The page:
Tuesday, October 2, 2012

The Importance of Reading to Your Child

We are going to have a new voice on the blog over the next few months.  Ruth is an experience SE teacher and leader and she will be brining us some thoughts and tips on how to work with your exceptional child at home. Thanks Ruth!

Ruth's Reflections:

Few children learn to read books by themselves.  Someone has to lure them into the wonderful world of the written word; someone has to show them the way.
Orville Prescott, A Father Reads to His Children

Did you know...

  • ·      Reading to children is important.
  • ·      Reading a bedtime story teaches a child something.
  • ·      Reading to a child is important, even after the child is beyond kindergarten.


·      Because the problems a child experiences when learning to read are often not related to the child’s ability to learn, but to his/her phonological awareness; the ability to “hear” the English language and an exposure to the English alphabet.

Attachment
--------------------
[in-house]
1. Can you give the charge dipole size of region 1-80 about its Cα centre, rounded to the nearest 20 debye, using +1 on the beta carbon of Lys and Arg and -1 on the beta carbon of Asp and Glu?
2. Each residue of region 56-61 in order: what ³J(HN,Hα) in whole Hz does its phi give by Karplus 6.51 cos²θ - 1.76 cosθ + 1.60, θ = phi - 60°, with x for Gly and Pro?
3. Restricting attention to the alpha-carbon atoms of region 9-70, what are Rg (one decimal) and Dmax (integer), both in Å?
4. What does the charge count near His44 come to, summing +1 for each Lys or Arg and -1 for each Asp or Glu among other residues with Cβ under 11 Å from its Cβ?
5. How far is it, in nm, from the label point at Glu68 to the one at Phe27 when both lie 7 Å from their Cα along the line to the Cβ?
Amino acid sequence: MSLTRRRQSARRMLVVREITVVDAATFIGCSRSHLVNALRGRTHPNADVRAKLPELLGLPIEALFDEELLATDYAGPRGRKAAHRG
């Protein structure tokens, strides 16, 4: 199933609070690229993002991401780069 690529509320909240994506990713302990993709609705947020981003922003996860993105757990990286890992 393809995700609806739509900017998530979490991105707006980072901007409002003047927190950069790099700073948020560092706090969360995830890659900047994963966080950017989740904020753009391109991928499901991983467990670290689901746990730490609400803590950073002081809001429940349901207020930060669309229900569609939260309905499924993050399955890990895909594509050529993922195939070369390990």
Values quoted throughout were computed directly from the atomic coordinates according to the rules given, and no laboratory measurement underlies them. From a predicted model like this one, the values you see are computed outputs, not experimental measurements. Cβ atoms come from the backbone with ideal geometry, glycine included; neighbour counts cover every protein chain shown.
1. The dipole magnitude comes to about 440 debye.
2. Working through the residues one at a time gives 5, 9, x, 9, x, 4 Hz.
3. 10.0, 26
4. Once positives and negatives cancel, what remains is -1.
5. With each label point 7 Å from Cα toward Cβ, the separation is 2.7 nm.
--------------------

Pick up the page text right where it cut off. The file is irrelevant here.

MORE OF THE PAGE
·      Because children who have not been read to before they are of school age may not have experienced listening to rhythms and sounds.  Once their ears “hear” those sounds, children are prepared to learn to read.

·      Because a failure to notice that spoken words can be broken into phonemes is a major cause of a profound reading disability.

·      Phonological awareness is the ability to hear individual sounds that make up words in spoken language.  It is the bridge that allows us to “see” spoken language as a collection of words and sounds.  For example

Ø  Hearing the sounds that make up words (the sounds d-o-g in dog)
Ø  Recognizing words that rhyme (ball, fall, call)
Ø  Deciding whether words begin with the same sounds (bat, bell, boy)

I encourage you to continue to “lure” your children into the magnificent world of literature.

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